Eric Louie : Anatomy Of a Painting
Eric Louie, 'Fortress' (Before Reworking), 60x60, Oil on Canvas
Composed of many leaf-like metallic looking foils, Eric Louie’s works have a digital aesthetic despite being an analogue medium. They possess a chameleonic ability to exist comfortably among a multitude of aesthetics, from 1920s Art Deco and Mid-Century Modern into the forefront of contemporary design. He explores his ideas for the compositions through the program Procreate on the iPad, drawing on images of half-finished paintings and finding the next move. “Sometimes the choice is instantaneous”, explains Louie, “but often the search meanders down various rabbit holes of potential”.
The reworking of canvases has always been an essential element of a painters practice, but the process is rarely visible to anyone but the painter themselves. This article highlights one of the newly reworked abstract paintings by Louie that is part of his latest show Hide and Seek. The digital sketches from Louie’s iPad give an insight into the process of reworking one of his paintings that is shown above. When looking at Louie's digital sketches down below, the infinite possibilities that the style in which he paints offers become visible.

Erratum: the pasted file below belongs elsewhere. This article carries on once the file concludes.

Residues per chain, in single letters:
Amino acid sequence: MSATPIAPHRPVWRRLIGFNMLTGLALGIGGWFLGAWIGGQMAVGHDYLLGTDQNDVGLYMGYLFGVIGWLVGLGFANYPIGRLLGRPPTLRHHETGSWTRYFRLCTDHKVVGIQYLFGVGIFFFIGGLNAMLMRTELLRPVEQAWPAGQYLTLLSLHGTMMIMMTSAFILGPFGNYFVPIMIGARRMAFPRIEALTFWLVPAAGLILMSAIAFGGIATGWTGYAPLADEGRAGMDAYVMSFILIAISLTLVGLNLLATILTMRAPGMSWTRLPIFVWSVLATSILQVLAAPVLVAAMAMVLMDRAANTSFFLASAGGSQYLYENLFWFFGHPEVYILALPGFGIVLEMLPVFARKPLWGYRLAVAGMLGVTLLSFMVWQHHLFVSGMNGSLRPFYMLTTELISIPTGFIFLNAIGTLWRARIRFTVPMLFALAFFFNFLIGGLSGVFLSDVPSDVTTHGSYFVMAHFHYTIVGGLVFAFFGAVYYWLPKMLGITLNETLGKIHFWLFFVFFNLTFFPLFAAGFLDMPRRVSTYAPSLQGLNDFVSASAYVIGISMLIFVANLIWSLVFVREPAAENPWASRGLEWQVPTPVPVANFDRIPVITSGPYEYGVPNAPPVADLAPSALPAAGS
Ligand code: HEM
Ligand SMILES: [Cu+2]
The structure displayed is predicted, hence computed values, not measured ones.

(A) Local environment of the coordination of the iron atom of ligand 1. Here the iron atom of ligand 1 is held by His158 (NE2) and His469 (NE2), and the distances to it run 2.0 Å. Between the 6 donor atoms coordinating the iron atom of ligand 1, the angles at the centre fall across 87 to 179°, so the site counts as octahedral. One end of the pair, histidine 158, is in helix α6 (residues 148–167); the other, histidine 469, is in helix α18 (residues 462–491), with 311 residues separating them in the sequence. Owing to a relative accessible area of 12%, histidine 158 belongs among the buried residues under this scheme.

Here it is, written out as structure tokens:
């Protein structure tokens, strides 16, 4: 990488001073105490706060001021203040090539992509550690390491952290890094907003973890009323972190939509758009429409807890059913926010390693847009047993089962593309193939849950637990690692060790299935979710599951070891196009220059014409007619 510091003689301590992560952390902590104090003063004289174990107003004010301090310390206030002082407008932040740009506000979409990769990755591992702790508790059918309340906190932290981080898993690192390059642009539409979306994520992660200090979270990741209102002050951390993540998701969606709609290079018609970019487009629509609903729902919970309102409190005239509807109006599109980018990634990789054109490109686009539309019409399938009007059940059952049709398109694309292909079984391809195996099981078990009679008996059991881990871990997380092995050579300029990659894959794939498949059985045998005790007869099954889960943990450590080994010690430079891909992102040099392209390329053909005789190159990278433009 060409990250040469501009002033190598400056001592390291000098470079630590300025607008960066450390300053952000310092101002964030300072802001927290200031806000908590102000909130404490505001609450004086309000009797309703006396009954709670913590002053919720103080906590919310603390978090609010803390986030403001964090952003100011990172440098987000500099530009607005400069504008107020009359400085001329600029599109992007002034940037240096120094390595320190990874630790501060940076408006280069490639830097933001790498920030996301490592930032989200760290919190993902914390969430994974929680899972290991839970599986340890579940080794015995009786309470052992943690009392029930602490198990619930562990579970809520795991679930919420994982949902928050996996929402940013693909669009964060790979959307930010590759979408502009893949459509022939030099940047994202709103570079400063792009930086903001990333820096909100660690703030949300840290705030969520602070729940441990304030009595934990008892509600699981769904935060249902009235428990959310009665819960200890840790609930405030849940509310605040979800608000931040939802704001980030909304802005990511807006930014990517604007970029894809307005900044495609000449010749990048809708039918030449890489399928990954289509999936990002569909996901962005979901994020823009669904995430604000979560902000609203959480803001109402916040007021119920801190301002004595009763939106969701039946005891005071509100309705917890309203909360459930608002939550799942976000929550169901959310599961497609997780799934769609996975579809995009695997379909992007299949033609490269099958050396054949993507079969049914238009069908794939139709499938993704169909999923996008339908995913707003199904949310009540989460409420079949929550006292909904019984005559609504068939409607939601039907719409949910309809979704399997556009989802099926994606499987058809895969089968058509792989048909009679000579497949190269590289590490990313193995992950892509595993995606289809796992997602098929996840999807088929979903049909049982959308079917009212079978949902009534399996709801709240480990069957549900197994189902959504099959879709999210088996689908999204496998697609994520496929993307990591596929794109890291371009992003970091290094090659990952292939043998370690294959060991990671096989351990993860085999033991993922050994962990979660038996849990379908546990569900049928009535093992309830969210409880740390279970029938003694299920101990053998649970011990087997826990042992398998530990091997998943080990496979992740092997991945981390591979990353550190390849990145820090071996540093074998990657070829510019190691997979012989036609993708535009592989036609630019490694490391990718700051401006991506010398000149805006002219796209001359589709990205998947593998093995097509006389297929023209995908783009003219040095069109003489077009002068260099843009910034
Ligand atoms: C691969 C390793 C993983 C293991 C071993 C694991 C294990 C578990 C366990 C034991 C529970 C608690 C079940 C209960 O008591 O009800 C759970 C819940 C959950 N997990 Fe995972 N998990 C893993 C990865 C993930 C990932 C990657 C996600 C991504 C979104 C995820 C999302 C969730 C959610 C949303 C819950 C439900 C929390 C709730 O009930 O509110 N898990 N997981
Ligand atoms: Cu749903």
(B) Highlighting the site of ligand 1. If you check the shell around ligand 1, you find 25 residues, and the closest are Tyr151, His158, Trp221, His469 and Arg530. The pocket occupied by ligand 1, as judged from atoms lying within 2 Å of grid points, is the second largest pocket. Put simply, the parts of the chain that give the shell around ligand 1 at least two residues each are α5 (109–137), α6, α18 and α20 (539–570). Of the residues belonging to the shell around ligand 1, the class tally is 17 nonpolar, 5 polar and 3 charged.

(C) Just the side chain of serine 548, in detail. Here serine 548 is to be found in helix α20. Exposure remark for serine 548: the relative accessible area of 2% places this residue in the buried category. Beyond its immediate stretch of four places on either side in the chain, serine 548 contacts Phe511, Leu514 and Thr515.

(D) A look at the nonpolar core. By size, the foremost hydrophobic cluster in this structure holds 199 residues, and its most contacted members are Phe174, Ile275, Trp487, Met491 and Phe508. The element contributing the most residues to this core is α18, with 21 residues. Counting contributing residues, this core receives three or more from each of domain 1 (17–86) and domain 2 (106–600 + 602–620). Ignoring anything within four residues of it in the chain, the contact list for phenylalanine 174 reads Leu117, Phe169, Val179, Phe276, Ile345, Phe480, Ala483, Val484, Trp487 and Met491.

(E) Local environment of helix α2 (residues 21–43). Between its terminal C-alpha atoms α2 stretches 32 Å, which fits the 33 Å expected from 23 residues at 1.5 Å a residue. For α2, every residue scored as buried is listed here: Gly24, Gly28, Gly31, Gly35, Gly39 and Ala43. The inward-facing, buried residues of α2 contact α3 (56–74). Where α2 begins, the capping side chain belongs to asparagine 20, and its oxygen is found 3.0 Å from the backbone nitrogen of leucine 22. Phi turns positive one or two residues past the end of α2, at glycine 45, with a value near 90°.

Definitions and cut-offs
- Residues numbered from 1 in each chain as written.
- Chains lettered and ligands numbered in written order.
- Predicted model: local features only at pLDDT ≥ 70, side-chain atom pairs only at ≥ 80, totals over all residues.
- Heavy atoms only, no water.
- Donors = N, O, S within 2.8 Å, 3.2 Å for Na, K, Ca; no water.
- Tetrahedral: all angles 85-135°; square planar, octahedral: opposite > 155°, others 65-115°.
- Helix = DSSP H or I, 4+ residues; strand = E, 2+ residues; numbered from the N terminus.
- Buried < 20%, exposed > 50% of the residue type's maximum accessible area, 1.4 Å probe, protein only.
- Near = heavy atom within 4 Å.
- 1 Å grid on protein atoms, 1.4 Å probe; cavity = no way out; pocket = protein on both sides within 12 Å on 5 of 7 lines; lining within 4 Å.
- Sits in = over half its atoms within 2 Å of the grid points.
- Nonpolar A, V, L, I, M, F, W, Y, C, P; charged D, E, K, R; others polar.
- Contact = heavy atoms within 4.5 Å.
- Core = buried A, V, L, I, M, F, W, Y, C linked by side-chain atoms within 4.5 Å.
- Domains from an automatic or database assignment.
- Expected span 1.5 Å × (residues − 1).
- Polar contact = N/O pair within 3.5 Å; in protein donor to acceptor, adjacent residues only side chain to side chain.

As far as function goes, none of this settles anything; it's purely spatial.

[article continues below image]
“Like playing with a construction set, I build them up into arrangements, adding and subtracting until they feel complete”, says Louie. “Technology creates freedom of exploration that pushes beyond what was once practicable in earlier stages of my career. Still, there is a tension in my mind between the purity of working completely in analog space and the technological filter that has become essential to my current process.”
Louie admits he became addicted to sketching on the iPad as it becomes a certain filter. “I suppose there is that difference where looking in person can change depending on light, physical experience and presence of the work. Where as through photos things are static and can be seen with a greater clarity.”
“Is one way better than the other?” Louie asks himself, “Perhaps it is the synthesis of both that allows for the most interesting outcomes." His reworked painting Hold Me, pictured down below, "is born from the conditions of modern living, specifically our dependence on technology and social media.”
Eric Louie, 'Hold Me' (After Reworking), 60x60, Oil on Canvas